Like many other avid radio listeners, I was really sad to hear that John Peel had died. Many people have — rightly — focused on the loss to the music world because he was such an eclectic and enthusiastic champion of new music. However, I'll also really miss his Radio 4 programme, Home Truths.
Home Truths tends to divide opinion; you either love it passionately or hate it. It's certainly hard to describe to someone who hasn't heard it. It deals with 'family life' if you take the very broadest definition of both 'family' and 'life', and ranges massively in tone between very serious, tragic matters and utterly trivial and silly ones. As such it seems to mirror John Peel's eclectic music selections; just as he didn't see any problem in playing a death thrash metal track followed by a Delta blues track from the 1940s, he happily mixed interviews with people on very profound and serious matters with assorted mad correspondence from his listeners. It all worked somehow because he was the one threading it all together.
In a typical programme — though there really wasn't such a thing — you might hear John interviewing a woman who had self-harmed for most of her life and was trying to explain it to her children, or a family who had only just survived being blown up by a terrorist bomb, sandwiched between correspondence on the correct Latin translation of the lyrics of "How much is that doggie in the window?", or family euphemisms for having sex1. Listening to Home Truths frequently meant swinging wildly between feeling very moved and howling out loud with laughter.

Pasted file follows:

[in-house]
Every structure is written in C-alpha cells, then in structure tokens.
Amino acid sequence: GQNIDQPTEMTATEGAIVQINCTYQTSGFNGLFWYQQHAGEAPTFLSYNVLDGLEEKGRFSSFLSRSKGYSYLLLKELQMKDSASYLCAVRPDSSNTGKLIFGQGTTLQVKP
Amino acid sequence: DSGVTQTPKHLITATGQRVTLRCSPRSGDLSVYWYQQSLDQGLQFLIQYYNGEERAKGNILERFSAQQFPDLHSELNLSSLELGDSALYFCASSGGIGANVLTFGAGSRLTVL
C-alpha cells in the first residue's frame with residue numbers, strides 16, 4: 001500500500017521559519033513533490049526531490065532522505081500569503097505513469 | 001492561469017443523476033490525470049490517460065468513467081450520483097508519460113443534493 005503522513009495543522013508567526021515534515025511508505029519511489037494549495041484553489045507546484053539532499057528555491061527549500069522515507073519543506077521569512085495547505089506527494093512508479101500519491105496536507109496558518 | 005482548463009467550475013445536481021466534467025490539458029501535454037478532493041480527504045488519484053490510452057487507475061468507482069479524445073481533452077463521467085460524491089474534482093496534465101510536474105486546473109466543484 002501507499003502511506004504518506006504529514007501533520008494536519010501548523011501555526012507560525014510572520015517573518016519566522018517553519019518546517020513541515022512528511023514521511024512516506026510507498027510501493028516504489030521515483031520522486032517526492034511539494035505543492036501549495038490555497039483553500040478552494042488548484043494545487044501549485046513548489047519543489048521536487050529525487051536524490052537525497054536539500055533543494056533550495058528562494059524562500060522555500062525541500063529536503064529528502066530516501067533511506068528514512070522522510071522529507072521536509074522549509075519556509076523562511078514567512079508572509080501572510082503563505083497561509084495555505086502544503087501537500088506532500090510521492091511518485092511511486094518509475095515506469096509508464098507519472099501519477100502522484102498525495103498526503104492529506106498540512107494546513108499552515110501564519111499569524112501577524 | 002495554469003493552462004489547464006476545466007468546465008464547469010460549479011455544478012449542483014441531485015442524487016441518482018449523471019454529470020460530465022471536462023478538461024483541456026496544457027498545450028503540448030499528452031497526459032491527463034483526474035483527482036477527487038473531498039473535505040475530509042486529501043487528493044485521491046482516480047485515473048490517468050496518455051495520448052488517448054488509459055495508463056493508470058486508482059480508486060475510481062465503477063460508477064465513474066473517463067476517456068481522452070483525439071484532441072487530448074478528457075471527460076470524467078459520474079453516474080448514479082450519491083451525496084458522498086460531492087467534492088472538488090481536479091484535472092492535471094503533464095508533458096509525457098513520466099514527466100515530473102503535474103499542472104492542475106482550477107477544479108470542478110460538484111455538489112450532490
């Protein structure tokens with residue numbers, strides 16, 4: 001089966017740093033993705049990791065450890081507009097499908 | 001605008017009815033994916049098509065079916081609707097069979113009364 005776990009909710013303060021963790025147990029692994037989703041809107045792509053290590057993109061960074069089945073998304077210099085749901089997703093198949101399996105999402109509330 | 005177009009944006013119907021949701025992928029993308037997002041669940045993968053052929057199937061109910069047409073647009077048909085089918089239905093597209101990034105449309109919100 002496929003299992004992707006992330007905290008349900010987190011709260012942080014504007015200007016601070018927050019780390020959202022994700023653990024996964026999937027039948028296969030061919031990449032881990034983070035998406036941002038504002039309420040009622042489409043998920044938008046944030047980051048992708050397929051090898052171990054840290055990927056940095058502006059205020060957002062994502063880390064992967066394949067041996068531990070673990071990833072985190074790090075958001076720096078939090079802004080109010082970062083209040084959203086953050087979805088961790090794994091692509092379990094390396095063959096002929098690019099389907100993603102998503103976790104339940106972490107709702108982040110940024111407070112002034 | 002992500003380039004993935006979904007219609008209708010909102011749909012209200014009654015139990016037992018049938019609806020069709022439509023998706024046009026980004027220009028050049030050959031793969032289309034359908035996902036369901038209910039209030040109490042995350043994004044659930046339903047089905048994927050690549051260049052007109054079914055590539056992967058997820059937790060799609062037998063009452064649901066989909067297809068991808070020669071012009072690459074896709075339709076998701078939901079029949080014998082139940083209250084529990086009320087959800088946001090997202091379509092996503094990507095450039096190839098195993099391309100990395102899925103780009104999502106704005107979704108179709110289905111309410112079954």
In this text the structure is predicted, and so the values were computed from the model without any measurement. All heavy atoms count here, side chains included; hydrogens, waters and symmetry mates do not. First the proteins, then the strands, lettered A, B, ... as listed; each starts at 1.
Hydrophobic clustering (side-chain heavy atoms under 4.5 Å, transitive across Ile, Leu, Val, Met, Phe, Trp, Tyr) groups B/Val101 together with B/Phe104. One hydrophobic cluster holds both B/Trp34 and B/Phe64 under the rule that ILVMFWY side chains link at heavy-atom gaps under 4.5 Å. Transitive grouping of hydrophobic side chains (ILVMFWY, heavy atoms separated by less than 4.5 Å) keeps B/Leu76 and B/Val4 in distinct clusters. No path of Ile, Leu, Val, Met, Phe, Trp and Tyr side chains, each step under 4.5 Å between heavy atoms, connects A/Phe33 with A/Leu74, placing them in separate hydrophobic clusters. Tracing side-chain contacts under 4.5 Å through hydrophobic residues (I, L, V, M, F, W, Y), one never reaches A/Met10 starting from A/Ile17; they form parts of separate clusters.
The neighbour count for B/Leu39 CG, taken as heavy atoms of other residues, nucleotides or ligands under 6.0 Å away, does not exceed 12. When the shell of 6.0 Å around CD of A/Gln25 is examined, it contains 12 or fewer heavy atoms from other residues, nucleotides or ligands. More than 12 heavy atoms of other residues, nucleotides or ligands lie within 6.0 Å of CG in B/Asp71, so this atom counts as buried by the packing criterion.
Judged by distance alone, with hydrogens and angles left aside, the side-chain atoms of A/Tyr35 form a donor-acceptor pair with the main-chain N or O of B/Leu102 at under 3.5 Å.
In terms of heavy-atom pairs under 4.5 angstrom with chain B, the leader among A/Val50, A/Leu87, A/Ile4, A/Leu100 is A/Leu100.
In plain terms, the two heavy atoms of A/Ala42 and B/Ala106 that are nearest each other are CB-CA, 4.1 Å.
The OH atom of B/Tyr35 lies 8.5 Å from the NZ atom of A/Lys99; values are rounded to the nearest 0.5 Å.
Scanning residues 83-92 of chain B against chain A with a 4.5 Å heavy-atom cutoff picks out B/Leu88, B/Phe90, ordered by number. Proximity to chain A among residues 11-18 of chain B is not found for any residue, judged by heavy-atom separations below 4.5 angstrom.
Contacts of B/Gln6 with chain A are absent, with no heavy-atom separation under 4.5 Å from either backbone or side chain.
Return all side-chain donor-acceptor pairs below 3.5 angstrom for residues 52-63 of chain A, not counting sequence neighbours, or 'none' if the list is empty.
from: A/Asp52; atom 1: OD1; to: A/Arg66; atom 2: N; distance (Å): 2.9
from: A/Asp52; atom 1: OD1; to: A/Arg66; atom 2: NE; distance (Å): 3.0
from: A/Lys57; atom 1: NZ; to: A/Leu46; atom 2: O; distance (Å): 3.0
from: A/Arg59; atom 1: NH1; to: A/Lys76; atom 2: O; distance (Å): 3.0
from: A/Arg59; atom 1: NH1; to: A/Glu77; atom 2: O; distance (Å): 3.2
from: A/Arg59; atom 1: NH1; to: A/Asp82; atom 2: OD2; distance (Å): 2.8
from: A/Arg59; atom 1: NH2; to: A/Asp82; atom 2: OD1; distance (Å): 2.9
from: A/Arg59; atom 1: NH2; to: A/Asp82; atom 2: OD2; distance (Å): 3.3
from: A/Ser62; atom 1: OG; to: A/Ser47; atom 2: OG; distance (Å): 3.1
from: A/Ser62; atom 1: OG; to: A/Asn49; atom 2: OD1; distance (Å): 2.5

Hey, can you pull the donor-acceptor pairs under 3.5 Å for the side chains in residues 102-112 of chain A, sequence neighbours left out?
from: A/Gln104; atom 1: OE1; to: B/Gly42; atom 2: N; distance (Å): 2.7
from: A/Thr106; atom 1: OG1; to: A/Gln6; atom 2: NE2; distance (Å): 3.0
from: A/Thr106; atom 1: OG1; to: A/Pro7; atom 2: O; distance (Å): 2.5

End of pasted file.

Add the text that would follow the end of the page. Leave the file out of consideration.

John Peel was also an extraordinary interviewer. In fact, his talent was that he didn't really interview at all; he just talked to people and listened to what they had to say. There was no sense of him 'steering' the conversation that you often get with other interviewers. Indeed, he would often veer things slightly off-course himself, because he would chip in with his own anecdote, empathising with what they were saying. If the person was relating something dangerous or unwise that they had done, he could be gently disapproving, like an uncle who loves you but still likes to tell you what you should do.
Other people have acted as stand-ins for John Peel on the show from time to time — the most recent being David Stafford, who covered for Peel when he went to Peru. However good they are at their job, it just isn't the same without him. His sensitivity in interviews and his dry links between the pieces made the show. Also, listeners knew that if there was one person who would enjoy the love song they had written to their garage2, it was John Peel.
1 My favourite was 'looking at Lundy'. There was quite an explanation involved with that one...
2 Yes, really. I still sing it in my head sometimes, as it was hilarious and catchy. Immortal rhymes like, "Me and my garage/It's better than my marriage/From your concrete floor/To your up-and-over door", and "You look smashing/In your new lead flashing" don't grow on trees, you know.